The children I teach have one thing in common. They love computer games.
"What did you do last night?" "Played computer games."
"Did you do anything fun on the weekend?" "Video games."
"Did you go anywhere?" "A PC room with my friends."
"What are your hobbies?" "Gaming."
Ok, guys, I get it...
But how can it be the main leisure activity? Humans, especially children, need touch and social interaction. Enter multi-player gaming. Thousands of players compete in battles like Starcraft. Top Korean players are paid wages of professional sports players!
A minority are even addicted, sacrificing jobs and interpersonal relationships.
Do the games encourage violence? My guess is no. Doom, the ultimate Generation X game, was blamed for the Columbine tragedy. The boys played incessantly in the days leading up to the massacre. But it's obvious to me that they were desensitized. Period.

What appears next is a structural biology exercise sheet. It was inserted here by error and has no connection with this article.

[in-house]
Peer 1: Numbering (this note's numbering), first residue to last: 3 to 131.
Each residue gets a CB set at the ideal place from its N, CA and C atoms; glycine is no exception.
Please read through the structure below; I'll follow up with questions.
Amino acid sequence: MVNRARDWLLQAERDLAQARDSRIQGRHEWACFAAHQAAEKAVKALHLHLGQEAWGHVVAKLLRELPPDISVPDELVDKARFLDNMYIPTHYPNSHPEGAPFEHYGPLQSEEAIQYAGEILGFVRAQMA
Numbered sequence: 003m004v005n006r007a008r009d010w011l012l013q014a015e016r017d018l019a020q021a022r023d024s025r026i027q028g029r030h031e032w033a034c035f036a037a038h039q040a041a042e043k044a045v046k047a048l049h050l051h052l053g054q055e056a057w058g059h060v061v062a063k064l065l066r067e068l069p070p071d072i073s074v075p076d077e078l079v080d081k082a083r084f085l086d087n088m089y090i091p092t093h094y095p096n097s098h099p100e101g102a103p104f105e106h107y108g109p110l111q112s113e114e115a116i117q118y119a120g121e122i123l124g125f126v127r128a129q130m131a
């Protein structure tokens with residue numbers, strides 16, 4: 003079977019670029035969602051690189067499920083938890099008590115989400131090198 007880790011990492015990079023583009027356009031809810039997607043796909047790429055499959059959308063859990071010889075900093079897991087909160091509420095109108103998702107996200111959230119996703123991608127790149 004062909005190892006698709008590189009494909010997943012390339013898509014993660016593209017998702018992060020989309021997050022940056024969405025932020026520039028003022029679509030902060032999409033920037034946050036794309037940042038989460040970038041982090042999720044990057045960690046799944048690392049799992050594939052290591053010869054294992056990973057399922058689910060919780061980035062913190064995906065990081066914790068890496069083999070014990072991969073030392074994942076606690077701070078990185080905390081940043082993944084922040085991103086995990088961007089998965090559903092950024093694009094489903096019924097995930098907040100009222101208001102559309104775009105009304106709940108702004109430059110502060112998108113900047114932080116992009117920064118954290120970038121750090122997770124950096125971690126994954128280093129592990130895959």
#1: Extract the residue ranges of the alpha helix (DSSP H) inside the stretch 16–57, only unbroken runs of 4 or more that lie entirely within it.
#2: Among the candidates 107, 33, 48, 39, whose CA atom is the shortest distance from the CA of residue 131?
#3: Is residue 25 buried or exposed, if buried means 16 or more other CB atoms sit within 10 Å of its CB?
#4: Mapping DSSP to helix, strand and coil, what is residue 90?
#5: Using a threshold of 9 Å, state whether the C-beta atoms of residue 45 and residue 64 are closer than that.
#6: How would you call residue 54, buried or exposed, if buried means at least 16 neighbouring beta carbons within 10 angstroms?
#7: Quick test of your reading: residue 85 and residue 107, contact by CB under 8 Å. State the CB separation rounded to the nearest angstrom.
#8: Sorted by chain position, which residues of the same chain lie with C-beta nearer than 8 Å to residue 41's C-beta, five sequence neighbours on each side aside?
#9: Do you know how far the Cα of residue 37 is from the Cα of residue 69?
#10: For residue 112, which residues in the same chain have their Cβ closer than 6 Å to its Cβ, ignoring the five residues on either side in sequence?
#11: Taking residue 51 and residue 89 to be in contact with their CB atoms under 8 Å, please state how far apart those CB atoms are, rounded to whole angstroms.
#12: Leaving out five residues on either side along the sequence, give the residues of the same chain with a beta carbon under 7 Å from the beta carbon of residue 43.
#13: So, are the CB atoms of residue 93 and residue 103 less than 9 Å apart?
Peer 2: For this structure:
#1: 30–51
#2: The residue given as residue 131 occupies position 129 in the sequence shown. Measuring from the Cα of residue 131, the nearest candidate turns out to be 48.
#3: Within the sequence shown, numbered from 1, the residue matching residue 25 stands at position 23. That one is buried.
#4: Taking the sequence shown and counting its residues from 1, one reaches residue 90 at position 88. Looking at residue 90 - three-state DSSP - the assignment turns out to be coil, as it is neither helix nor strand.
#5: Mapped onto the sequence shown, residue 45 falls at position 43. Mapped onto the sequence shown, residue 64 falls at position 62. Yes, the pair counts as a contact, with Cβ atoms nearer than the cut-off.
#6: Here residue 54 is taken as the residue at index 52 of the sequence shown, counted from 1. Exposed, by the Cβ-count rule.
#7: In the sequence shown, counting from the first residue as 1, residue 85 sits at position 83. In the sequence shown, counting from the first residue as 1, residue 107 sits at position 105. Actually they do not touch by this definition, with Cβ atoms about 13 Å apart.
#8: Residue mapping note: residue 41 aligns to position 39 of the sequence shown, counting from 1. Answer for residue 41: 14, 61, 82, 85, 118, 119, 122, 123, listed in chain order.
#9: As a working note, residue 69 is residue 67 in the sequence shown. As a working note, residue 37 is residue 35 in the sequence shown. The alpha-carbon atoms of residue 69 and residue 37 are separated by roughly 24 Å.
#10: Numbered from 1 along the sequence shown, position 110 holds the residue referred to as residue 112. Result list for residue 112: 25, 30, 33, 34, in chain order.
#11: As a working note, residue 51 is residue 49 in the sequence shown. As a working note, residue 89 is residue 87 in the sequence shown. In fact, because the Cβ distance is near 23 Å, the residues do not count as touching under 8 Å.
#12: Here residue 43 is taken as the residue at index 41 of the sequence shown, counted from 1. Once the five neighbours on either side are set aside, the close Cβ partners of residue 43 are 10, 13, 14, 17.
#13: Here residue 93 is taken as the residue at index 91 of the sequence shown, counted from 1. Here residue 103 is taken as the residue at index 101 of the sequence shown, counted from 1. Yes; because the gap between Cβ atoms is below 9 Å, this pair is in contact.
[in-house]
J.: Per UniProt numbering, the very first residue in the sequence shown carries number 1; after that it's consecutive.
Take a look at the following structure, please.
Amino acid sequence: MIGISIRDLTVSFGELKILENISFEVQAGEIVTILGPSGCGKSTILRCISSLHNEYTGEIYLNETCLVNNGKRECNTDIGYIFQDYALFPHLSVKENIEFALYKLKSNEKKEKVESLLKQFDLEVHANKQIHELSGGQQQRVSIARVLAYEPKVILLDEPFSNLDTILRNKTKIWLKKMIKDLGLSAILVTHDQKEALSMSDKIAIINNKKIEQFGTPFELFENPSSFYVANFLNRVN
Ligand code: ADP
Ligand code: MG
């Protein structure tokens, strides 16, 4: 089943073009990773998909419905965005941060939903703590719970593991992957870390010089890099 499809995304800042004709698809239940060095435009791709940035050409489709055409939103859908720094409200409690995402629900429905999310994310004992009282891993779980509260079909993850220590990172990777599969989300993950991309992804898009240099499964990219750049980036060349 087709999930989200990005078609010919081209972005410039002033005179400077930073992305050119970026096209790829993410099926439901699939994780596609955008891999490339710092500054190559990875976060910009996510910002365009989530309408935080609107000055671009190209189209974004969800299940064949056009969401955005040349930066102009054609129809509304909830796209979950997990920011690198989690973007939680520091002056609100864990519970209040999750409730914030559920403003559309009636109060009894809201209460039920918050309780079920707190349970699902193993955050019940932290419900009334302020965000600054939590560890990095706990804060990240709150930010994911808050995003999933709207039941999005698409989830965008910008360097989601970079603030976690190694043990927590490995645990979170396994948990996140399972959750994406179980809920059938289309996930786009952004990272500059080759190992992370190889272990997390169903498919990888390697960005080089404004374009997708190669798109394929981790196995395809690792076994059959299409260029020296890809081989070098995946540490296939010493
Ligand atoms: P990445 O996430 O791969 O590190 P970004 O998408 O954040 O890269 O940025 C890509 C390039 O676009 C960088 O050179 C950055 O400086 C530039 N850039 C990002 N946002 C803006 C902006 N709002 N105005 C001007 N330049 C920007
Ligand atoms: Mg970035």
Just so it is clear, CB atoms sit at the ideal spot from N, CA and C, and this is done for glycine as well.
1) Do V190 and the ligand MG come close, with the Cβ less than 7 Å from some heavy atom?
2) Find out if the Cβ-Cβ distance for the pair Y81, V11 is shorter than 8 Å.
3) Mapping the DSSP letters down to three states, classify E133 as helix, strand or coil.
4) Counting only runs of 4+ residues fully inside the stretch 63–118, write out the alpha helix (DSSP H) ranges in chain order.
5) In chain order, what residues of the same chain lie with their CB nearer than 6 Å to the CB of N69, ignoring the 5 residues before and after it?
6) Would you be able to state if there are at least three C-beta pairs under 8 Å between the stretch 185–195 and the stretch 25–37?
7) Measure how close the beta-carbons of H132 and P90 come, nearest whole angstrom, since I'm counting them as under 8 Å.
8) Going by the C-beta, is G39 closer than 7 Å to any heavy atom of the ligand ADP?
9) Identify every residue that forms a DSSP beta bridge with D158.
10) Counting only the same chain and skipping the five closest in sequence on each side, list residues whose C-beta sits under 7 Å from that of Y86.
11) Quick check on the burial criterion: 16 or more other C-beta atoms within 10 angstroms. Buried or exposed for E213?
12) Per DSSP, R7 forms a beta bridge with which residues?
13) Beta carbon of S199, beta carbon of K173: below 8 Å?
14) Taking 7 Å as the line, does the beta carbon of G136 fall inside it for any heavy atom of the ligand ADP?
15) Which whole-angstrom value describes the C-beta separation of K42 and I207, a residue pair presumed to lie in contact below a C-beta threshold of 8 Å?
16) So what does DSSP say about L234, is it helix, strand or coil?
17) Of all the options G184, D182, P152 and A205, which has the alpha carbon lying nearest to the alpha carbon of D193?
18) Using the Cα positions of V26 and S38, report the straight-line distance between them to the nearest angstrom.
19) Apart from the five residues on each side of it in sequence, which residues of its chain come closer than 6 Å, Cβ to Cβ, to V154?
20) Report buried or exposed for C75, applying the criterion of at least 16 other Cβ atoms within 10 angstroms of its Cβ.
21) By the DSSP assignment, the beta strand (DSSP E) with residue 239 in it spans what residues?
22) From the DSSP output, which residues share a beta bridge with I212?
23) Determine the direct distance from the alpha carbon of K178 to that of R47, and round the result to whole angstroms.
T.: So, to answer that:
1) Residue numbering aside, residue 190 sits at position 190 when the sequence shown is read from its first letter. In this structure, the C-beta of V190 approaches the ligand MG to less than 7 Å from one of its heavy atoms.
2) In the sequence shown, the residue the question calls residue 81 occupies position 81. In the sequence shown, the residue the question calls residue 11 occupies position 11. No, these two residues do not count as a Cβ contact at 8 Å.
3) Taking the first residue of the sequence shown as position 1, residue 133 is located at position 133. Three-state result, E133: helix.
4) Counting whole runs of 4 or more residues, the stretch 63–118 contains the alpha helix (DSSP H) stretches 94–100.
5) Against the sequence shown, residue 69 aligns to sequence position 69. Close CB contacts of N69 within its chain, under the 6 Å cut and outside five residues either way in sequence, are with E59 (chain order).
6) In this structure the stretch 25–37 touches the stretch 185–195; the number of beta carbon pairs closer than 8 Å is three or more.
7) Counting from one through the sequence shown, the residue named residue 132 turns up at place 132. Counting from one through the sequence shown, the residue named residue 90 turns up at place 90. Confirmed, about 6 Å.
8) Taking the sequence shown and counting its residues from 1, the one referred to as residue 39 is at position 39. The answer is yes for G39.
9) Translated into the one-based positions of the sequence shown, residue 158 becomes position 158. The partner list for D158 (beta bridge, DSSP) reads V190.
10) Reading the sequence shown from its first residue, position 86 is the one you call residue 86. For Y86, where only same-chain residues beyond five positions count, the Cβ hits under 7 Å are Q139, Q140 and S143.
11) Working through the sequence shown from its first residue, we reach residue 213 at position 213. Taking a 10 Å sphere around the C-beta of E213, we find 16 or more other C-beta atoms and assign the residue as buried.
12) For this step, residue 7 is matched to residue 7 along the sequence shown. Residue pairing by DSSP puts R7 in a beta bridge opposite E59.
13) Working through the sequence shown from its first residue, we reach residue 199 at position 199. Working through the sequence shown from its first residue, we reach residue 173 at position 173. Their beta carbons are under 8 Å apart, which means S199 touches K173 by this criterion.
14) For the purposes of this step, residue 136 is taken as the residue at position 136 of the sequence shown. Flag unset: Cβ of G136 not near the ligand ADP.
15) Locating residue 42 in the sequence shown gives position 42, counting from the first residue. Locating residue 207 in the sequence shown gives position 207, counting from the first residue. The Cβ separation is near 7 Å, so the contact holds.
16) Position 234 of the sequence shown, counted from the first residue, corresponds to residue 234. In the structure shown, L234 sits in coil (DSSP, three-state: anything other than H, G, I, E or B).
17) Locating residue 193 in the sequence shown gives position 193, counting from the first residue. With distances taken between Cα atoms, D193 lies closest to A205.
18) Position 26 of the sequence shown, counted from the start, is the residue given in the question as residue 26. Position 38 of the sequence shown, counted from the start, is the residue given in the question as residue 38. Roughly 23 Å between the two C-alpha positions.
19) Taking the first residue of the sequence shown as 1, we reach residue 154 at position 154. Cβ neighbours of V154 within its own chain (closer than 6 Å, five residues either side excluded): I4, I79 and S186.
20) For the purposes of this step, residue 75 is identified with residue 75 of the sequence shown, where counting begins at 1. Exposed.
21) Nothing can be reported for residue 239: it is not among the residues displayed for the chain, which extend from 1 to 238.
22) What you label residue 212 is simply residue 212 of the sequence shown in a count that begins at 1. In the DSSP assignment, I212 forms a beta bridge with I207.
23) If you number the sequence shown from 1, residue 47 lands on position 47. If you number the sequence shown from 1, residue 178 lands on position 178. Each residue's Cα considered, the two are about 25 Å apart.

Mothers may look over their son's shoulder and see horrific bloodshed, but there are mental games at play. A program I saw on the Discovery Channel questioned why the players need the outpouring of emotion. I agree that that is the question.
I'd say the popularity of video games in Korea can be linked to the crazes of portable TV players, cell phones, engrossing dramas and norebang. Even drinking. Kids are stressed out from the pressures of school. They don't want to think. They'd much rather nest in front of the computer screen and forget the stresses of daily life.